The Moondoggies are changing their sound
When the Moondoggies released their debut album, Don’t Be A Stranger, in 2008, a new sound was rising from the Pacific Northwest. Twangy, pastoral, draped in vocal harmonies and, yes, covered in facial hair, the band got lumped in with fellow regional faves like Fleet Foxes and Band of Horses. Ten years later, The Moondoggies have changed, and so has their sound.
Lead singer and songwriter Kevin Murphy says the Everett-based band’s new album, A Love Sleeps Deep, comes after a lot of personal growth and a shift in perspective. “I took a deep breath in a sense,” he said. “As a band we did, as well. We let songs evolve differently.” Don’t be mistaken: The Moondoggies still radiate honeyed harmonies and easygoing vibes. But the tunes on A Love Sleeps Deep feel weightier than the band’s previous work. They’re groovier, more psychedelic and more inclined to jam. is is Neil Young with Crazy Horse, not Neil Young with Crosby, Stills and Nash. Listen on Spotify “You think about playing these songs live … and wanting to explore new areas that seem exciting as a musician,” Murphy said. “We write different types of songs and I think the groove-heavier songs were just much, much better.”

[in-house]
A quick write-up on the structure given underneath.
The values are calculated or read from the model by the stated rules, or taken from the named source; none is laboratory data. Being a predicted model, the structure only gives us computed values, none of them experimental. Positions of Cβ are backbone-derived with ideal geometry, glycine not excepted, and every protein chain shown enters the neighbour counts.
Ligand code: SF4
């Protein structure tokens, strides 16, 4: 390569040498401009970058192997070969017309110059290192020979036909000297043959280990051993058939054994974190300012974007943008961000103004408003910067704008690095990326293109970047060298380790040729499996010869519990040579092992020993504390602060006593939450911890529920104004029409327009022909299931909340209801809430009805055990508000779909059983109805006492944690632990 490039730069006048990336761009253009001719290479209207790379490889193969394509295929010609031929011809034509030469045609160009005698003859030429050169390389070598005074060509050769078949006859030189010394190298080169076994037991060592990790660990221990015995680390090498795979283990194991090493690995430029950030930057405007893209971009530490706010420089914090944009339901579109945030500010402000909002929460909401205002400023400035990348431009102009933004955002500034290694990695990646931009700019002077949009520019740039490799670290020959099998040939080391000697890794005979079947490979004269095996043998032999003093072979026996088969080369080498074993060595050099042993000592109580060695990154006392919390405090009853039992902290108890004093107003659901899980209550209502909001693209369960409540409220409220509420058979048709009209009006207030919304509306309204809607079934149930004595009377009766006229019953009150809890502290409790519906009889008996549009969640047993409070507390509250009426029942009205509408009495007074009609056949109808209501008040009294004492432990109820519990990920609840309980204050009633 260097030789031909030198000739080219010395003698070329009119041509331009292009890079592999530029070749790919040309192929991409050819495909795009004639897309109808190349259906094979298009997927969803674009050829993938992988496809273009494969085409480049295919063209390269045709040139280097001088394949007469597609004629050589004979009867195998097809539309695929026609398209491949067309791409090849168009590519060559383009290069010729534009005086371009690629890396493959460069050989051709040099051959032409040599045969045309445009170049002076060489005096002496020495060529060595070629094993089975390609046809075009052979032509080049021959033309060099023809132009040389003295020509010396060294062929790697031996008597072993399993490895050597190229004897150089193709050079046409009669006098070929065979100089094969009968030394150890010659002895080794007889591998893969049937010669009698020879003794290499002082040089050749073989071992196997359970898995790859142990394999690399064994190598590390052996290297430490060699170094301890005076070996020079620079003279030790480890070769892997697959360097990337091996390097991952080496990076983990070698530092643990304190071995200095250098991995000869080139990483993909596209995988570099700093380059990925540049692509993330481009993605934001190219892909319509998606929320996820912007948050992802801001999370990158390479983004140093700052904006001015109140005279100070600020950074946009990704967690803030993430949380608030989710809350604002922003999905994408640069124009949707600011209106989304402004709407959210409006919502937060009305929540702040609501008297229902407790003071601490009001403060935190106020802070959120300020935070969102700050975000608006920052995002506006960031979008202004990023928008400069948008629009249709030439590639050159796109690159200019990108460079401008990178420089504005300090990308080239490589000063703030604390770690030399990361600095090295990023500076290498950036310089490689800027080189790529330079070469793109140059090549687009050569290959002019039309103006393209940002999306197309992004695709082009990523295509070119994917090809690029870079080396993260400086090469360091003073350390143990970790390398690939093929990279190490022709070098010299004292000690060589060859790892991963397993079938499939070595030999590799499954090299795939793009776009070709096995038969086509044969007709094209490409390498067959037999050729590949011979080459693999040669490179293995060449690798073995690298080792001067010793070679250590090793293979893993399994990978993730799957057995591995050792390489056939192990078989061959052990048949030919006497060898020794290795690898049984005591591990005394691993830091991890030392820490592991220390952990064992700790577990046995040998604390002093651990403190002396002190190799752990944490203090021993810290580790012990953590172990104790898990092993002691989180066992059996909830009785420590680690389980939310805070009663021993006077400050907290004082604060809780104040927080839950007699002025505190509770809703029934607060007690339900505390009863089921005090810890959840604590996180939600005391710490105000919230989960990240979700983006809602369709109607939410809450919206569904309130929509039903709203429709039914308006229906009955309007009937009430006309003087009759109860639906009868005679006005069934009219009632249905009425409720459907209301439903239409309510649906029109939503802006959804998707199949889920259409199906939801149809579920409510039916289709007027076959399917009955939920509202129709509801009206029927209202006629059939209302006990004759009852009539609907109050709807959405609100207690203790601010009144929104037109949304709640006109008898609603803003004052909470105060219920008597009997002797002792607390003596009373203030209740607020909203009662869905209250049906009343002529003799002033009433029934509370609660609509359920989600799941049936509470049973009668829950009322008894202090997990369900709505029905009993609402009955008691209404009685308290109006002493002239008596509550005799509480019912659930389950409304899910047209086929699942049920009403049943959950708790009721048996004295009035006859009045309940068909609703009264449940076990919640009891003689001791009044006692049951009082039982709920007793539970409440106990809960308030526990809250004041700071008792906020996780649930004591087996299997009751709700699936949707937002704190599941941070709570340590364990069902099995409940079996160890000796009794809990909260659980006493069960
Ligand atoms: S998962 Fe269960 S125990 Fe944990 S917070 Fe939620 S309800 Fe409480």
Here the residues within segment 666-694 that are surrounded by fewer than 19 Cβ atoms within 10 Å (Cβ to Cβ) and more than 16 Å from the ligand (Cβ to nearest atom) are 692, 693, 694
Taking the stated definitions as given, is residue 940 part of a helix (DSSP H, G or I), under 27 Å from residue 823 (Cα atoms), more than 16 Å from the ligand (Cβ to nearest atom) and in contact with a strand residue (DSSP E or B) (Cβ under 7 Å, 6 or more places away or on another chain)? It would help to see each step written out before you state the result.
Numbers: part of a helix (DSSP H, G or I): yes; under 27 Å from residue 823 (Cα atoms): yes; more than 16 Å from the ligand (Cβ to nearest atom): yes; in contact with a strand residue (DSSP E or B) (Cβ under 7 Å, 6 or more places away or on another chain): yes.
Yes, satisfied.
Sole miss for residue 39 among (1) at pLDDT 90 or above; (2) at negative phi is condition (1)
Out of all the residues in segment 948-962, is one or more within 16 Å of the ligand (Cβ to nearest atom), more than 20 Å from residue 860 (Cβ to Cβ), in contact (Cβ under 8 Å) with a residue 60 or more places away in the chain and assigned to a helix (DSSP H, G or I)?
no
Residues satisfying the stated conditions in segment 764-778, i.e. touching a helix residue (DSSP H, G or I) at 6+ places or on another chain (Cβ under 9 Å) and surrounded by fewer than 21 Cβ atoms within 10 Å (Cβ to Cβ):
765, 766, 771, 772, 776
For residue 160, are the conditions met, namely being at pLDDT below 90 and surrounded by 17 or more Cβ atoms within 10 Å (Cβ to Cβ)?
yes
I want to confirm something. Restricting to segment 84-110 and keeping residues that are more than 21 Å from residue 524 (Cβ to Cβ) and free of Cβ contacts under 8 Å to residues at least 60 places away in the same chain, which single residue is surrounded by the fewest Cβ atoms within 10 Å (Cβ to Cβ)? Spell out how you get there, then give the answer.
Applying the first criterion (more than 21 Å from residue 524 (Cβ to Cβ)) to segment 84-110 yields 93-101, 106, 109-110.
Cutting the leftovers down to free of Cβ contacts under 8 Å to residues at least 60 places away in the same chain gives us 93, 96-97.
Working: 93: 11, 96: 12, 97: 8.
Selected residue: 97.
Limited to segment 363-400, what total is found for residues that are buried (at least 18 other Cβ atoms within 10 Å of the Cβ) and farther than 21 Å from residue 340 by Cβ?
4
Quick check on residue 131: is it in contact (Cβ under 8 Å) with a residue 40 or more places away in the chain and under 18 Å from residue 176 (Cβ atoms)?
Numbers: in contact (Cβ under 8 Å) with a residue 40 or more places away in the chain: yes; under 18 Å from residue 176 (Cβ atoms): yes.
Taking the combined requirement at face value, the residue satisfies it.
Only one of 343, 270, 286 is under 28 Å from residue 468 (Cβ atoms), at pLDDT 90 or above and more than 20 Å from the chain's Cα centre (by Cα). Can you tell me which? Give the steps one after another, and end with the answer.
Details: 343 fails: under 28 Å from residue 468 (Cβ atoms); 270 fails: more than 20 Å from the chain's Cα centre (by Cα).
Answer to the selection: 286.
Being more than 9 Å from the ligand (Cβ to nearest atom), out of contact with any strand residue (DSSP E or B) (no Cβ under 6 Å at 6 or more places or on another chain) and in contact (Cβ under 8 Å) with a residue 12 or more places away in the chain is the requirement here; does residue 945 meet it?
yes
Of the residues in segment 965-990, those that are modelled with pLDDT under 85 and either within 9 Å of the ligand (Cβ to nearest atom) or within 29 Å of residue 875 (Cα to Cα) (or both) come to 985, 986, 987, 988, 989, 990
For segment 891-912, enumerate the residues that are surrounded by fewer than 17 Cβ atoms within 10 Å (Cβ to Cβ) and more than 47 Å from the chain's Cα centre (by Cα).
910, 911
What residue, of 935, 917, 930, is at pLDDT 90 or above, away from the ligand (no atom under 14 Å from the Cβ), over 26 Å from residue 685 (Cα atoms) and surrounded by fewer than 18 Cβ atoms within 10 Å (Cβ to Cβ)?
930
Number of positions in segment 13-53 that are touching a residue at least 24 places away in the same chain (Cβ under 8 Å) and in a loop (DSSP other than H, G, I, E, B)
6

The sound isn’t the only thing that has changed for Murphy. He has also become a father in recent years, which has eased his stage fright and helped him prioritize the things he cares about. Some of the lyrics on A Love Sleeps Deep speak to issues like equality and the environment—issues Murphy may not have written about a decade ago. As The Moondoggies’ family has expanded, so has its view of the world. “I focused more … on outward forces than grappling with the inner ego, I suppose,” Murphy said. “We wrote a lot of songs and waited until we had a batch that we were super proud of.”